Early mortality in pulmonary arterial hypertension (PAH) is due, in part, to fibrotic remodeling of pulmonary arterioles that increases vascular resistance, although effective therapies for vascular fibrosis in PAH do not exist currently. Overlap among established signaling pathways that regulate collagen function in reparative (e.g., dermal wound healing) and pathogenic (i.e., causing end-organ damage) fibrosis suggests that reductionist methods are limited for identifying key mechanisms mediating vascular fibrosis in PAH. In this NIH Research Project Grant Program proposal, we use systems biology to develop a protein-protein interactome (fibrosome) and analyzed genes in silico according to their association with dermal wound healing or vascular fibrosis. The pro-oxidant hormone aldosterone (ALDO) promotes collagen synthesis in dermal wound healing. However, ALDO also increases collagen in pulmonary artery endothelial cells (PAECs) in vitro to induce vascular fibrosis in PAH in vivo. Thus, we propose that segregating ALDO-regulated genes in the fibrosome according to their association with pathogenic or adaptive fibrosis will allow novel molecular targets responsible for arterial fibrillar collagen synthesis in PAH to emerge. From our network analysis, we identified targeting of the Cas-L protein NEDD9 by ALDO as a critical pathway delineating pathogenic from reparative fibrosis. We have demonstrated previously that oxidation of functionally essential protein cysteinyl thiols by ALDO is associated with adverse pulmonary vascular remodeling. In the current proposal, we used computational modeling to predict Cys18 in the NEDD9 protein-docking region as a likely redox sensitive cysteinyl thiol. Oxidative modification of NEDD9 Cys18 by ALDO prevented binding of NEDD9 with Smad3, which is required for normal NEDD9 degradation. Impaired NEDD9-Smad3 binding, in turn, was associated with increased NEDD9 and NEDD9-dependent fibrillar collagen levels in ALDO-treated PAECs in vitro, but not in cell types involved in reparative fibrosis. ALDO treatment of PAECs also induced NEDD9 in co-cultured pulmonary artery smooth muscle cells in vitro, and NEDD9 correlated with fibrosis burden in remodeled pulmonary arterioles from PAH patients and in experimental PAH models characterized by hyperALDO in vivo. Therefore, the central hypothesis of the current proposal is that oxidation of NEDD9 Cys18 by ALDO prevents Smad3- dependent degradation of NEDD9, which results in NEDD9 accumulation in PAECs in vitro to promote pathogenic pulmonary vascular fibrosis and PAH in vivo. The study Aims are: (1) use mass spectrometry and Raman spectroscopy to demonstrate that NEDD9 Cys18 oxidation by ALDO in PAECs is an essential molecular mechanism underlying pulmonary vascular collagen synthesis in vitro, and (2) use genetic ablation and gain-of- function methods, including NEDD9-/- mice, to demonstrate that NEDD9 is a critical regulator of pulmonary vascular fibrosis and pulmonary hypertension in vivo. These studies aim to identify redox regulation of NEDD9 as a novel treatment target for PAH and other diseases characterized by pathogenic vascular fibrosis.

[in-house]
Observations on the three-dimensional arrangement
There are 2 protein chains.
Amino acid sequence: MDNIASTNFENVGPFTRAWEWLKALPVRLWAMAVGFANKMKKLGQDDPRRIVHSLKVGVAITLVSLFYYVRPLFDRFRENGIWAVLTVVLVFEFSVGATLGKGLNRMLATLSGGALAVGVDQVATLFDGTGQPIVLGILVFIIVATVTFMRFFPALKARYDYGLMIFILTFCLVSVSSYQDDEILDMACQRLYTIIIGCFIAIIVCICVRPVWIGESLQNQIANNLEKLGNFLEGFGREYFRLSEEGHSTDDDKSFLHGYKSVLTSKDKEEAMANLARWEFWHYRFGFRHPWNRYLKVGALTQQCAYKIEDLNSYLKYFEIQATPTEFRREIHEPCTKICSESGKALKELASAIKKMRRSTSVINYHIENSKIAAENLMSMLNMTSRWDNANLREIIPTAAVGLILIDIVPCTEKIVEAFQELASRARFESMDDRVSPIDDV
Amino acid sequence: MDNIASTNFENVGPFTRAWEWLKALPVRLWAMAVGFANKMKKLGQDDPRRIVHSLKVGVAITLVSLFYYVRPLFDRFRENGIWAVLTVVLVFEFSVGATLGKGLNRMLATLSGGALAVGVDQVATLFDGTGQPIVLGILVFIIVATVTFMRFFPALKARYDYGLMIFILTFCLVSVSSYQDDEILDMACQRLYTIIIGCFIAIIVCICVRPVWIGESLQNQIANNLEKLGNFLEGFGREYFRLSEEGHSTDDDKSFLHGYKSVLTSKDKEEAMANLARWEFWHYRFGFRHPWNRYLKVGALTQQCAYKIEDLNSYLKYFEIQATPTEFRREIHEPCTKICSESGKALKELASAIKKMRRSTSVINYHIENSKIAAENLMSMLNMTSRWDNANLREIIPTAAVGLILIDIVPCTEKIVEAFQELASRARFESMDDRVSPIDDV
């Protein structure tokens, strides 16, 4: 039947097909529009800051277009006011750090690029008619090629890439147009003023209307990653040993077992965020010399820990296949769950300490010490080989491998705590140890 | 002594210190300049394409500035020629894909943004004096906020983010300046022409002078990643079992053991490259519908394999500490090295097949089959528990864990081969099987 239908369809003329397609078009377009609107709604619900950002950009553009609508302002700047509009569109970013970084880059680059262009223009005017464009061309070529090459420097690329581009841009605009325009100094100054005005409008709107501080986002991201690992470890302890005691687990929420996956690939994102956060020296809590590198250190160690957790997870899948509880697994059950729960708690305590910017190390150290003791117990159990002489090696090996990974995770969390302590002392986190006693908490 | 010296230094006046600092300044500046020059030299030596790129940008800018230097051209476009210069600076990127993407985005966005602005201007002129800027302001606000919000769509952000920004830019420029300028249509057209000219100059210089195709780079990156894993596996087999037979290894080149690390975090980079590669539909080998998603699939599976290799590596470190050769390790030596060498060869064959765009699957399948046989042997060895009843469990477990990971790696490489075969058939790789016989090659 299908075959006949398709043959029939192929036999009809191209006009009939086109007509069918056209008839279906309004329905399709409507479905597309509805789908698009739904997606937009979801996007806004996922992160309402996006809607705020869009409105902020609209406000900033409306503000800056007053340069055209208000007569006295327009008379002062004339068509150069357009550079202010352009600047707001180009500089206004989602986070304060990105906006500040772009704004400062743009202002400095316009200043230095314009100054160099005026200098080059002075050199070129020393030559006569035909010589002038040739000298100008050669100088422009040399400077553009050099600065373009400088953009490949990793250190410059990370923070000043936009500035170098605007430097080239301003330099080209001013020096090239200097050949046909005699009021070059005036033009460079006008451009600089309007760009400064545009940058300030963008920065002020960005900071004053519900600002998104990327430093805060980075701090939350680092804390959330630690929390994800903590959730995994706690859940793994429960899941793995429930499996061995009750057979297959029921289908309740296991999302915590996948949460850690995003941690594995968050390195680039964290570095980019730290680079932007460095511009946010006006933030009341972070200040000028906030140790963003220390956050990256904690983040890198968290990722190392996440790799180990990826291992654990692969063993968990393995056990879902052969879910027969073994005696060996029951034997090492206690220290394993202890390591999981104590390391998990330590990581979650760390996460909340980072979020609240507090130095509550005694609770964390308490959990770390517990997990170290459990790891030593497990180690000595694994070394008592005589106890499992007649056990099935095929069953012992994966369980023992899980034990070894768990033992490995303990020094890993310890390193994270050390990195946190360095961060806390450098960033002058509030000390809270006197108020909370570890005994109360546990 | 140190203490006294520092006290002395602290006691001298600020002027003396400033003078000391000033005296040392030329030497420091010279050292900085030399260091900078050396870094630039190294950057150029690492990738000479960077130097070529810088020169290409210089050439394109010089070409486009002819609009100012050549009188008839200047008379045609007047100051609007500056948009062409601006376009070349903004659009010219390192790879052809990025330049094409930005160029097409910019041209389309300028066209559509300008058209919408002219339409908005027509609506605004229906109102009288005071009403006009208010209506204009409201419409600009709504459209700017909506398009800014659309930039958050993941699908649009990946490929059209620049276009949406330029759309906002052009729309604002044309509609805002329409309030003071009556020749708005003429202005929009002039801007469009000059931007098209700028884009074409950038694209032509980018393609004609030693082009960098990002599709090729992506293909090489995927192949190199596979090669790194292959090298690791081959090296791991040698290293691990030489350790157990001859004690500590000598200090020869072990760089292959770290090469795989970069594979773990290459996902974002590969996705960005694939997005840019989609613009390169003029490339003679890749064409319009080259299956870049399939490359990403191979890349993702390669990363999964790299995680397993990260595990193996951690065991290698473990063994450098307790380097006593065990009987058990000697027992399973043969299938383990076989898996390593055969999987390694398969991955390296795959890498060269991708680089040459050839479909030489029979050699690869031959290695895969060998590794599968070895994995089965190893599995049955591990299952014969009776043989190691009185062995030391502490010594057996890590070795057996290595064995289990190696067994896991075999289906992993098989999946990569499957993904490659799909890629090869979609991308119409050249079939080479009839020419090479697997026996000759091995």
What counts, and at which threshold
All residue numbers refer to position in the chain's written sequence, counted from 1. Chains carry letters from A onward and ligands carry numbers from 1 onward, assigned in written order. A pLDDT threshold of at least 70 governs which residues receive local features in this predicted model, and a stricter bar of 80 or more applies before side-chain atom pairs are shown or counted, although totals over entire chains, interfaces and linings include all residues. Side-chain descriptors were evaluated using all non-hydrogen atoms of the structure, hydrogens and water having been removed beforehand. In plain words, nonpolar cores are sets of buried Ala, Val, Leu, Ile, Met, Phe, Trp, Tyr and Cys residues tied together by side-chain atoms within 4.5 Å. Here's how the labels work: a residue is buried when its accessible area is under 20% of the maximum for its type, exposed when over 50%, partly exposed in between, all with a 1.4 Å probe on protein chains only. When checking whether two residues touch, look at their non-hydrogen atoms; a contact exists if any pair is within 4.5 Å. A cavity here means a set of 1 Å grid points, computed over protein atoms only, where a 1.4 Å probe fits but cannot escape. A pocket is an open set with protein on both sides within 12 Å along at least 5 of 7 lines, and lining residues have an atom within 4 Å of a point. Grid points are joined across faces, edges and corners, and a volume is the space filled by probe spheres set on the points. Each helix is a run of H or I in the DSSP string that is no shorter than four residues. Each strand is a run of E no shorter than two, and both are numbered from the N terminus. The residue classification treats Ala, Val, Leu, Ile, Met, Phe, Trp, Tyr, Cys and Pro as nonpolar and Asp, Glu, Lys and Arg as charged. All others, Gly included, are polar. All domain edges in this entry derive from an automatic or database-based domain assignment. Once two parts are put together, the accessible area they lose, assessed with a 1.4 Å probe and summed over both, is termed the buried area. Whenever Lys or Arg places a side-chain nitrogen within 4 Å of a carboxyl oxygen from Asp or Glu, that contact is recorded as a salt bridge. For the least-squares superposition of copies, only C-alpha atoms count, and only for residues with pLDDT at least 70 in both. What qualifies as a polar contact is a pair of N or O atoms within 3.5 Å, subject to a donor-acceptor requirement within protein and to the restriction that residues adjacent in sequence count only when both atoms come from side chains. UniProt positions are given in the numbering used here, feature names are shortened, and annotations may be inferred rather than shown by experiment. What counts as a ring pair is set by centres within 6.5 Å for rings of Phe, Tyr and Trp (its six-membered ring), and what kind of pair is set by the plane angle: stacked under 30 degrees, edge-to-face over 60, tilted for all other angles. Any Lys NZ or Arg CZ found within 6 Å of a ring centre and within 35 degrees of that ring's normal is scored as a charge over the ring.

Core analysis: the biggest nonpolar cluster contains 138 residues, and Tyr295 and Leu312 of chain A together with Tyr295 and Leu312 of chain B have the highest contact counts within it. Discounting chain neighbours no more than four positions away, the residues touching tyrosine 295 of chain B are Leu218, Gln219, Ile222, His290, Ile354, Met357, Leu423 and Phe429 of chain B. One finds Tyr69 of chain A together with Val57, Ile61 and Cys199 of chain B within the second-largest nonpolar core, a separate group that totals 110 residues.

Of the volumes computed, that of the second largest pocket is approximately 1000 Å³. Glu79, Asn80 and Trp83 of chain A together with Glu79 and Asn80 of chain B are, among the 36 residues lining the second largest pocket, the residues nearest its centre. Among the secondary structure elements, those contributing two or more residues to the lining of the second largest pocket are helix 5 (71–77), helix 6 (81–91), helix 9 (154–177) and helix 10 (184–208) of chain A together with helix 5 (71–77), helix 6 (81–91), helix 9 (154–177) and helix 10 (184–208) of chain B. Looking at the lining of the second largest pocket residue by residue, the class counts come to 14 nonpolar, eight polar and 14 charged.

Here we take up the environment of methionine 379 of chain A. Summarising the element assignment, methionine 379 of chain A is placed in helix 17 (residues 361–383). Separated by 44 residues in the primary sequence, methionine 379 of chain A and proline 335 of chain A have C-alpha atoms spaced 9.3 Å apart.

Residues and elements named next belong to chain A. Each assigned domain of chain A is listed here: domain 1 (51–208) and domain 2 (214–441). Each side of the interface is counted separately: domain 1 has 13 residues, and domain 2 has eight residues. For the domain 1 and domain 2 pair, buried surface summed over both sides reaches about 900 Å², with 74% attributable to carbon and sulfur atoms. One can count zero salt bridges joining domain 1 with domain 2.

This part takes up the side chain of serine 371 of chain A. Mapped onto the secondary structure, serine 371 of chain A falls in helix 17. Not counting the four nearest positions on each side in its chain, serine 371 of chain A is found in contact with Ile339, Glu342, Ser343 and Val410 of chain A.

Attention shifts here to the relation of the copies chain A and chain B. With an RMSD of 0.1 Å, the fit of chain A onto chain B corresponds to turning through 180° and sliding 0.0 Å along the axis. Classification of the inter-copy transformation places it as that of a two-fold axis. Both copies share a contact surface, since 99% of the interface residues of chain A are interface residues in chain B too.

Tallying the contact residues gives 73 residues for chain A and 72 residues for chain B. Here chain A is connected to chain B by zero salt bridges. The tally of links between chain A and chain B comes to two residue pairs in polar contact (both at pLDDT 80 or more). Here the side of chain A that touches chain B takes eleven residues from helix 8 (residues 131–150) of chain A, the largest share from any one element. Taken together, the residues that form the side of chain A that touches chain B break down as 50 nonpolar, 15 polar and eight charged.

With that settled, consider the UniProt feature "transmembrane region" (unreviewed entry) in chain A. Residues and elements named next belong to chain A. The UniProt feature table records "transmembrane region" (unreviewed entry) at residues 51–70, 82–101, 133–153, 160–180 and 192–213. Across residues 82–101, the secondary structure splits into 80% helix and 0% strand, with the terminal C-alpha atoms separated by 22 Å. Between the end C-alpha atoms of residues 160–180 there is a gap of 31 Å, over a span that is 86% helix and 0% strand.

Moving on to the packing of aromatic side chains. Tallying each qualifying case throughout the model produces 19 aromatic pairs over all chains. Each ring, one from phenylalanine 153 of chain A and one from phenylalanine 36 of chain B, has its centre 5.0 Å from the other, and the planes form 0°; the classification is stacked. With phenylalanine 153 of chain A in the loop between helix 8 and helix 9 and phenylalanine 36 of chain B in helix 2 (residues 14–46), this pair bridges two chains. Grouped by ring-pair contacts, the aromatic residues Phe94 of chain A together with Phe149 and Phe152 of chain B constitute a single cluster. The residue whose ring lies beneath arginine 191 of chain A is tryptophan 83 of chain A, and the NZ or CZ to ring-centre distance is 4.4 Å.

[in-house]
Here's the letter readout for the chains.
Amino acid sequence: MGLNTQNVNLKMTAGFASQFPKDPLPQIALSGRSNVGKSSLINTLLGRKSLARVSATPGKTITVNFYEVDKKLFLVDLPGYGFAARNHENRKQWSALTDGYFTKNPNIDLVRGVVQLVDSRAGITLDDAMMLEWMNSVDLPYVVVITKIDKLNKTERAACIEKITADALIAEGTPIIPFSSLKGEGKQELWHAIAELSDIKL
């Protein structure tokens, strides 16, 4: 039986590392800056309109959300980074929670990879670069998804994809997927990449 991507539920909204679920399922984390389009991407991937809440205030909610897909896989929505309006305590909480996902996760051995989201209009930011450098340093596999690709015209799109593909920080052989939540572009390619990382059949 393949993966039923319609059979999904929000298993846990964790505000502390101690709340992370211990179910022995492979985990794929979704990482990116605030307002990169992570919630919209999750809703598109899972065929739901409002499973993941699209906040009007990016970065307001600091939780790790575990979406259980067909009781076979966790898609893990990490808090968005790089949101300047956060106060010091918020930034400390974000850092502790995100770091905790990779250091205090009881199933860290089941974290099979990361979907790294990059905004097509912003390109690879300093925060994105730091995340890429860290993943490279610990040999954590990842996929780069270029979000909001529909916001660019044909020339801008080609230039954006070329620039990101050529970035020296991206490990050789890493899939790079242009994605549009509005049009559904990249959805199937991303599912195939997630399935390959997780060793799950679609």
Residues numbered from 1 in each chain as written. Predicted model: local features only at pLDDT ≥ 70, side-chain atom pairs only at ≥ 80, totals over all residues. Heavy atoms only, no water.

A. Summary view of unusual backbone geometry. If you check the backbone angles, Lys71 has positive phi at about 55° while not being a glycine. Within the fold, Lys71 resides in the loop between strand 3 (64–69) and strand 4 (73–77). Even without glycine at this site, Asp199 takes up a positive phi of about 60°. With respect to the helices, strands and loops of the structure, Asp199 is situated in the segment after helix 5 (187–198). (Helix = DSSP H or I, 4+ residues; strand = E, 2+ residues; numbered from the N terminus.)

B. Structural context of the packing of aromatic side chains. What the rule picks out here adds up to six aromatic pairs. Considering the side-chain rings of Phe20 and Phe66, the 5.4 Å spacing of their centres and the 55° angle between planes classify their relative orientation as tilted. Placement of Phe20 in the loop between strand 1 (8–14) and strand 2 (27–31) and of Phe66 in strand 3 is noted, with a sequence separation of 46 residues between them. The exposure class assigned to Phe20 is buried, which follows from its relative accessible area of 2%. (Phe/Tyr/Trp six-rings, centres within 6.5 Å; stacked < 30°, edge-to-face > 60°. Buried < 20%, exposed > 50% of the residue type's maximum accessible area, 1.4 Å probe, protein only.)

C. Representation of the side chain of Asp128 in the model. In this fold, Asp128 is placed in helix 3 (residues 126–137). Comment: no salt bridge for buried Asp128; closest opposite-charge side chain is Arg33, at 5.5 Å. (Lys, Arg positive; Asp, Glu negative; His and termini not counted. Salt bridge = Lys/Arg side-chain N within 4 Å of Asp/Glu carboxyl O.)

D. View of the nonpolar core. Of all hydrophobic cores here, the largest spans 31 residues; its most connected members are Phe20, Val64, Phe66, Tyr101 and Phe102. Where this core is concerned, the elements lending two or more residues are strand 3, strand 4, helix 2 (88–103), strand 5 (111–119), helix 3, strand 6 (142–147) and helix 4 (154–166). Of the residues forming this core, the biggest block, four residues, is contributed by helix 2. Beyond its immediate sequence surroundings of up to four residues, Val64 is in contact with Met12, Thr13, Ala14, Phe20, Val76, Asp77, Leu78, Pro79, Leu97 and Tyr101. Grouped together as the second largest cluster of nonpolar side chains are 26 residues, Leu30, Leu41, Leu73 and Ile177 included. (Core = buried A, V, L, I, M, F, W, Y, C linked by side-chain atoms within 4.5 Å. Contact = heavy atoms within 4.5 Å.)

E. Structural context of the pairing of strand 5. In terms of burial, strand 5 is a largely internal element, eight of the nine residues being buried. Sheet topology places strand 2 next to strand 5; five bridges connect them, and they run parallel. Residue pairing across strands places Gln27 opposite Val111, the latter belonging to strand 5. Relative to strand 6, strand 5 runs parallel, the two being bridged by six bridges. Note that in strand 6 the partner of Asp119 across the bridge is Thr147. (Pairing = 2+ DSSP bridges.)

Public Health Relevance

Collagen is a form of connective tissue that is implicated in the development of cardiovascular diseases. Elevated blood pressure in the lung arteries (pulmonary hypertension) due to abnormal lung artery collagen (pulmonary vascular fibrosis) is a major cause of illness and early death in patients with various disorders of the heart, lung, blood, and joints, although effective treatments targeting pulmonary vascular fibrosis in pulmonary hypertension patients do not exist. Based on our preliminary research, we propose that the pro- fibrotic protein NEDD9 represents a potential new treatment target to prevent or reverse pulmonary vascular fibrosis in the large patient population afflicted with pulmonary hypertension.

National Institute of Health (NIH)
National Heart, Lung, and Blood Institute (NHLBI)
High Priority, Short Term Project Award (R56)
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Respiratory Integrative Biology and Translational Research Study Section (RIBT)
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Xiao, Lei
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Brigham and Women's Hospital
United States
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